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Wednesday, June 17, 2015

June Meeting of the ACF Naples Chefs

The American Culinary Federation (ACF) is a professional culinary organization with over 200 chapters and close to 20,000 members. It is the largest professional culinary organization in North America. It's membership consists of chefs, other food industry professionals, enthusiasts and certainly a food blogger or two.

ACF offers educational, training, certification and charitable resources to members. Additionally, they publish a number of online periodicals such as The National Culinary Review, and provide member discounts on various Goods and Services.

One of the chapters in Southwest Florida is the ACF Caxambas Chapter of Naples and Marco Island, or ACF Naples Chefs (ACFNC). With the exception of most winter months, ACFNC holds a monthly chapter meeting. These consist of a social/networking hour, followed by a discussion of chapter business and an educational component followed by a very nice sit down dinner.

This month's meeting was held at The Spring Run Golf Club in Bonita Springs, FL.

Social hour was great, and the Joint was Jumpin'.

This was in part due to the menu that evening, which was very much over the top.

I loved the presentations for the social hour. Cornet-esq containers were filled with Charcuterie,

veggies with Hummus,

Koolickles, or picked vegetables soaked in Kool-Aid

and Jicama Fries, though these were cooked in lime juice.

Some very tasty sandwiches were next.

These were grilled cheese sandwiches, but with Taleggio cheese (sort of an Italian Brie), venison Brisket, apricot/caper spread and pecan-raisin bread.

Pork Belly Hash was served with melted Raclette or Gruyere cheeses

and Lamb Belly on rosemary skewers with Micro Tangerine Lace/Mint Microgreens and Aji Amarillo-flavored Creme Fraiche.

There were also a variety of tropical and florida-grown fruit presentations like Mamey Sapote Ice Cream,

a beautifully carved watermelon full of carbonated fruit, the carbonation coming from dry ice,

candied Breadfruit (candied by cooking in Hot Tamale Candy) as well as Papaya or Mango shakes,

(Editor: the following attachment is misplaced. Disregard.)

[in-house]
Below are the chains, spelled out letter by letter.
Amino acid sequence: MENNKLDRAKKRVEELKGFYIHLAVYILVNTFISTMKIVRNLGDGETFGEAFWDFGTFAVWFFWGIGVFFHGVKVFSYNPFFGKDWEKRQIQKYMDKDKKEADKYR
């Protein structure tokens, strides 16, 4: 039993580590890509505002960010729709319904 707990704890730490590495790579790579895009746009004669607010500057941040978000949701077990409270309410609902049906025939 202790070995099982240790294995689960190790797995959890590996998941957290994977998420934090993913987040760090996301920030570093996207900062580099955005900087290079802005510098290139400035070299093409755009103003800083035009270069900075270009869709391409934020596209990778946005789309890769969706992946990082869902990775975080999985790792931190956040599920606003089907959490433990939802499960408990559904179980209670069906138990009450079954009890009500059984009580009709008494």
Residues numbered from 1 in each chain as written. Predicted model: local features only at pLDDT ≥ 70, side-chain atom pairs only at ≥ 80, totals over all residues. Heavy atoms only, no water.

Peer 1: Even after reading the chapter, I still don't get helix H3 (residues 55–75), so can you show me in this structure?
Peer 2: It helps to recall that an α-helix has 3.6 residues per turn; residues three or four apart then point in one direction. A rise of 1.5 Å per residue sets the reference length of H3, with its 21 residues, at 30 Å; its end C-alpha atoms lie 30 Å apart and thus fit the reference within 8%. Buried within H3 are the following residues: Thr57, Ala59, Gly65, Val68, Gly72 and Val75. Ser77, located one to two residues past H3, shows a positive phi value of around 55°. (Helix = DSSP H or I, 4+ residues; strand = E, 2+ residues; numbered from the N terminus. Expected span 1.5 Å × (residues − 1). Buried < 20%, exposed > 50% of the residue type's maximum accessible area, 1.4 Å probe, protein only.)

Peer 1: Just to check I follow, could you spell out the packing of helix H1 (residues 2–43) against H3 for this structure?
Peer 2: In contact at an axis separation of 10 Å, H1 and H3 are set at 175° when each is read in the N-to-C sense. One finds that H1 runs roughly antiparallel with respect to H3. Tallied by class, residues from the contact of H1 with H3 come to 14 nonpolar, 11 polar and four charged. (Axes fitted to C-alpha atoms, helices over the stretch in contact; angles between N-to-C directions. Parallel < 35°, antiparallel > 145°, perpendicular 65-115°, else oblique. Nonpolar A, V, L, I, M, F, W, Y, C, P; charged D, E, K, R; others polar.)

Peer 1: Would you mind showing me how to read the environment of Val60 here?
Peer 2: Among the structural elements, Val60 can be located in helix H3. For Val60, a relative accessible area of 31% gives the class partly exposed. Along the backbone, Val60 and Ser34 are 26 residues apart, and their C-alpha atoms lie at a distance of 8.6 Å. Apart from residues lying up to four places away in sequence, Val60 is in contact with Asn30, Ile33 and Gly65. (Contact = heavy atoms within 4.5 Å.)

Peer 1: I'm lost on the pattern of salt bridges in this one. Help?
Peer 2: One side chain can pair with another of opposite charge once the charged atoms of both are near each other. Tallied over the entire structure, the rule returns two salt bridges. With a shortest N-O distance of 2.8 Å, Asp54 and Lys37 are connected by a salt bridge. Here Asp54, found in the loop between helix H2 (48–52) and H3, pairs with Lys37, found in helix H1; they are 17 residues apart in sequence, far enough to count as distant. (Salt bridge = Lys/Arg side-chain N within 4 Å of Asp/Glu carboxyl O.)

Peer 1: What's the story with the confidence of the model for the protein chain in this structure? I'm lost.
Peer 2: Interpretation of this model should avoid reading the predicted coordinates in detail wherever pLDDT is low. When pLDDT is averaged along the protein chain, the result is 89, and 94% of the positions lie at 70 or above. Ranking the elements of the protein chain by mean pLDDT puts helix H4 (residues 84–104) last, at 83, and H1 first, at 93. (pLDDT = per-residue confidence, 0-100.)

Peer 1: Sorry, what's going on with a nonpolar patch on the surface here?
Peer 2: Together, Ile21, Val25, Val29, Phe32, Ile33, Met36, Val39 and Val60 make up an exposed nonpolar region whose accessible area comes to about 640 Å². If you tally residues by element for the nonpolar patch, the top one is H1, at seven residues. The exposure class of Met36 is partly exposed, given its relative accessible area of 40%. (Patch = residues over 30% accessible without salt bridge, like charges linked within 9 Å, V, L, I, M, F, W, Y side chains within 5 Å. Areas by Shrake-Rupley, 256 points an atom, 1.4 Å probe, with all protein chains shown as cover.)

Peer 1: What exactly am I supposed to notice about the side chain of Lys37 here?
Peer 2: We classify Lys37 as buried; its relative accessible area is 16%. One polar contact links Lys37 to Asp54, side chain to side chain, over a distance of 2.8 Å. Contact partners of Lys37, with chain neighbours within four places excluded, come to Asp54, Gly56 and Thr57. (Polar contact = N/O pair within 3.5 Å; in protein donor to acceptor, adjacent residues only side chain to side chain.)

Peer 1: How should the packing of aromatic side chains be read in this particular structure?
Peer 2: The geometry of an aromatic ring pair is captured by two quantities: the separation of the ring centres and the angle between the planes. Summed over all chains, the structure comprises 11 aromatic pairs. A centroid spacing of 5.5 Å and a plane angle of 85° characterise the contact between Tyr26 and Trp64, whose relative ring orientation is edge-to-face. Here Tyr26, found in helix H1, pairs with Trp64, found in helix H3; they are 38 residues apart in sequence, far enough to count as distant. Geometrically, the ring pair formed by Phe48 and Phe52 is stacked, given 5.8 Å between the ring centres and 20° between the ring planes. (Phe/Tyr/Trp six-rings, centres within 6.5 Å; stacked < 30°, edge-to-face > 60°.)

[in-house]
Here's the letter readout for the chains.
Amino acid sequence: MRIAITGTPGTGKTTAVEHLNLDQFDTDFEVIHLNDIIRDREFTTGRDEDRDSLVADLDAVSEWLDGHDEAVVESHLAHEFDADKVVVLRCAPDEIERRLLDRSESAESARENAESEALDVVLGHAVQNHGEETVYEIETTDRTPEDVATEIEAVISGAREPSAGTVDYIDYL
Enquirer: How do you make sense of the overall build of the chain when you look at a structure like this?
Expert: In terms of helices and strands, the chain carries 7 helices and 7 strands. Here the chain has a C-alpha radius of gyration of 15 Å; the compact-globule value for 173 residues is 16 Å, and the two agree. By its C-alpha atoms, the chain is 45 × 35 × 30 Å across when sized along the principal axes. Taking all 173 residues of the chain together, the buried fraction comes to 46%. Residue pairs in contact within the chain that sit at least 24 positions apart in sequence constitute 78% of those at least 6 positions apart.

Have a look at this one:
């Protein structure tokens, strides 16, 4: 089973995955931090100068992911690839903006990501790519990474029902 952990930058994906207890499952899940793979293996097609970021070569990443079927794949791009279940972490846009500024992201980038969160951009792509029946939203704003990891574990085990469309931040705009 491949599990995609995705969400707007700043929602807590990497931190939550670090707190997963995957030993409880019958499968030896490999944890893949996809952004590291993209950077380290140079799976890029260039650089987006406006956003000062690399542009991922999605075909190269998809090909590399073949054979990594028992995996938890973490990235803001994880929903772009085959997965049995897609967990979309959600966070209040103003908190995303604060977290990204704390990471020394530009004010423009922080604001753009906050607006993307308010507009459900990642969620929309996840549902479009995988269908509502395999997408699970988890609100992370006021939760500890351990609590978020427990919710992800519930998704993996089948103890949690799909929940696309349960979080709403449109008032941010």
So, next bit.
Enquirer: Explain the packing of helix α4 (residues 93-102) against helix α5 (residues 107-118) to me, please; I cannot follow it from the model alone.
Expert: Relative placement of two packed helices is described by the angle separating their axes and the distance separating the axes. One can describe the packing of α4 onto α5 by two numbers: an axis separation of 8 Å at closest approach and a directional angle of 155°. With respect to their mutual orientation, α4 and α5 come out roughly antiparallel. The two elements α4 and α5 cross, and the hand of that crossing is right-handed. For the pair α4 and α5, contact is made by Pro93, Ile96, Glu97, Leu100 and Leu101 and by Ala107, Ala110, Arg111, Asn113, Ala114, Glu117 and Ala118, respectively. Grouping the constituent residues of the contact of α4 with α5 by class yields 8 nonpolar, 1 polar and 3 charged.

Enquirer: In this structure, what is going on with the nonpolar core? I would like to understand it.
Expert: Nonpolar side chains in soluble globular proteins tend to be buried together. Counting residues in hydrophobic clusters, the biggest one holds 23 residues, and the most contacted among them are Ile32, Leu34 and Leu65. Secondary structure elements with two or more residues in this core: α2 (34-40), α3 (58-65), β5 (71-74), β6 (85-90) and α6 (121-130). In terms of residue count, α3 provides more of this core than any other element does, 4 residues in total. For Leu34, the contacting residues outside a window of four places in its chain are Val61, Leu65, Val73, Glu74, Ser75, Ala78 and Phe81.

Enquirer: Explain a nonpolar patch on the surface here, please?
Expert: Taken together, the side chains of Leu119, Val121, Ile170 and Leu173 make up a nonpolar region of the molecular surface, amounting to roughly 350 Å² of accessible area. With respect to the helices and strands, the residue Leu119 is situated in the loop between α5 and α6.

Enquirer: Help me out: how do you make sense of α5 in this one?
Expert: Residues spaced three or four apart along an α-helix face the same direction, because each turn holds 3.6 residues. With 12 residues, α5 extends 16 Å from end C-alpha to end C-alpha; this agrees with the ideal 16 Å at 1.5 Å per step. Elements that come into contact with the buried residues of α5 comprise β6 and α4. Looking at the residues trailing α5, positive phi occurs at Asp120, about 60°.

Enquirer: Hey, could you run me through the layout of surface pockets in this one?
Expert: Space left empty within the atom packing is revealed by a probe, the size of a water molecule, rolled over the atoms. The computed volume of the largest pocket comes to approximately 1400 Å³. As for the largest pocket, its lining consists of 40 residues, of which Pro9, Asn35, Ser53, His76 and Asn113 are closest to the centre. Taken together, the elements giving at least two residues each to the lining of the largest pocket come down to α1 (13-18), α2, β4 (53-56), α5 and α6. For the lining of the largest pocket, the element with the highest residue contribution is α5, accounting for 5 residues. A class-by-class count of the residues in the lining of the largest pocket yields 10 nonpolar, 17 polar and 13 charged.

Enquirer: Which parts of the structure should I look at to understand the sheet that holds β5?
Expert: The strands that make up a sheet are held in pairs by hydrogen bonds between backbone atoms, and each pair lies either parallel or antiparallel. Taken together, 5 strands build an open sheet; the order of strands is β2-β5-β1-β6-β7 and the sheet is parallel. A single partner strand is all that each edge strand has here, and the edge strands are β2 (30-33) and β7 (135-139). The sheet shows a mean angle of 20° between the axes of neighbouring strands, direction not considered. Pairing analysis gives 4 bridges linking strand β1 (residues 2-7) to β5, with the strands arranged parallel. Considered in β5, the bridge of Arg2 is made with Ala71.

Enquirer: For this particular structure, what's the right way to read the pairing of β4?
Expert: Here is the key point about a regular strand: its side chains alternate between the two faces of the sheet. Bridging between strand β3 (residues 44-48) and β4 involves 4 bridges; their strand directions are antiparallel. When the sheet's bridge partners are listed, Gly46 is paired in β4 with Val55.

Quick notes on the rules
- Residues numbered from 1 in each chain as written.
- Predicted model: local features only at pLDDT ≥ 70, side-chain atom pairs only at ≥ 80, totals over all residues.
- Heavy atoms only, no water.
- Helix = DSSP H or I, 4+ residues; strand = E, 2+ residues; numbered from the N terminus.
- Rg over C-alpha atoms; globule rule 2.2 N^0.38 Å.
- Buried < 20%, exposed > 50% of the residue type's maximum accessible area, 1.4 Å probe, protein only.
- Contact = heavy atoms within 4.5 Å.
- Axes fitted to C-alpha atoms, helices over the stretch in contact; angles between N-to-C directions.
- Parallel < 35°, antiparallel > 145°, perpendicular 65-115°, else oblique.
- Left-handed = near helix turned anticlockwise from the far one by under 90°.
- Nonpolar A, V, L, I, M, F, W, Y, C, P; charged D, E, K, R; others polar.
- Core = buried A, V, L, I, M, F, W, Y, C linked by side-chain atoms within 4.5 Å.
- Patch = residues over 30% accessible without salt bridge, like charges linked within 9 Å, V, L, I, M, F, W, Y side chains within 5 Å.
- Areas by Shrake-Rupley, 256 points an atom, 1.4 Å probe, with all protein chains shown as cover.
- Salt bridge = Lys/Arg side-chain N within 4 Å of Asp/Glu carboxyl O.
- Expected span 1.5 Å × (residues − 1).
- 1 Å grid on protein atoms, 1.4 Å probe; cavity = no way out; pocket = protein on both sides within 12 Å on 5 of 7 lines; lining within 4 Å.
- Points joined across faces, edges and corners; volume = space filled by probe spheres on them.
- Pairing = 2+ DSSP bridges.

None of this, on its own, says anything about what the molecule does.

roasted Quince with rosemary and pine nuts and

Sangria with compressed melons. What is that you may ask? Before adding the fruit they compress the melon in some of the sangria. This helps the fruit absorb the flavor and stops it from getting mushy after it's been added. It's nice chatting with a chef from time to time!

Lychees, Rambutans and pickled Starfruit finished off this culinary Tour de Force of tropical fruits.

I was beginning to know what it felt like to live in The Palace of Versailles before the French Revolution!

The educational component of the meeting that evening was certification.

How does one become a chef? From what I am told, in the old days one could be self taught because all that was expected of a chef was to cook. That has changed with most professions including the culinary arts. Now chefs are expected to know about other matters including personnel management, accounting, nutrition, food safety and sanitation. One can learn these skills through cooking school, but a  full course of study at Le Cordon Bleu or the Culinary Institute of America is about $50,000 and $130,000, respectively.

ACF Certification costs much less than a cooking school, though there can be a bit of "sweat equity" in the certification process.

Here is a flow chart of the various certification levels,

the requirements,

 (CEH=Culinary Education Hours)

and the costs.

Once pre-approval requirements are met, applicants must take a written and practical exam.

Here is a sample from the Certified Executive Chef written exam,

and a video from a practical Master Chef exam (this video may be too large to play on mobile devices, 17 MB).

Well, all this talk about certification made me hungry as I'm sure everyone else was.

The starter was a Peruvian-influenced salad.

Here is how the Sous Chef, Jorge Villagomez, described it. "The spring roll had a blend of sauteed garlic, onions, jalapeño pepper, bell pepper, lime juice and  Aji Amarillo paste mixed with cabbage along with two aji marinated grouper cheeks. The salad was a take on a Criolla salsa which is thin red onion, lime juice, Aji Amarillo, and Ricotto pepper.  I added some minced garlic, micro cilantro, tangerine lace microgreens, and fried broccoli.  There was also a lightly fried grouper cheek accompanying the plate."

The entree was a Veal and Pork cheek dish.

Again Chef Jorge describes. "The second course was veal and pork cheek braised for 12 hrs at 156 in our CVAP oven. The veal cheek was served as is, the pork cheek was sautéed with pork belly, garlic, shallots, and grilled asparagus over a parsnip purée, topped with lightly fried onion straws, Cabernet Demi and micro arugula." Wow!

Dessert was a combination of a Panna Cotta and Tres Leche Cake with mamey sapote ice cream. As I took my last bite of dessert I closed my eyes and for a second really thought I was in Versailles.

Hats off to Chef Jorge and Executive Chef Steve Joynt for this wonderful meal. Additionally, thanks to the food purveyors, The Port Royal Trading Company, Cheney Brothers, Happy Foods of Southwest Florida, Halpern's and Swiss Chalet Fine Foods. This event would not have been possible without their largesse.

A member chef said those that host these monthly meetings put their best foot forward. Complete understatement.

Another totally over the top meal and another post on Forks.

ACF Caxambas Chapter of Naples & Marco Island (ACF Naples Chefs)
President Chas Tatigian, CEC
PO Box 855
Naples, FL 34106

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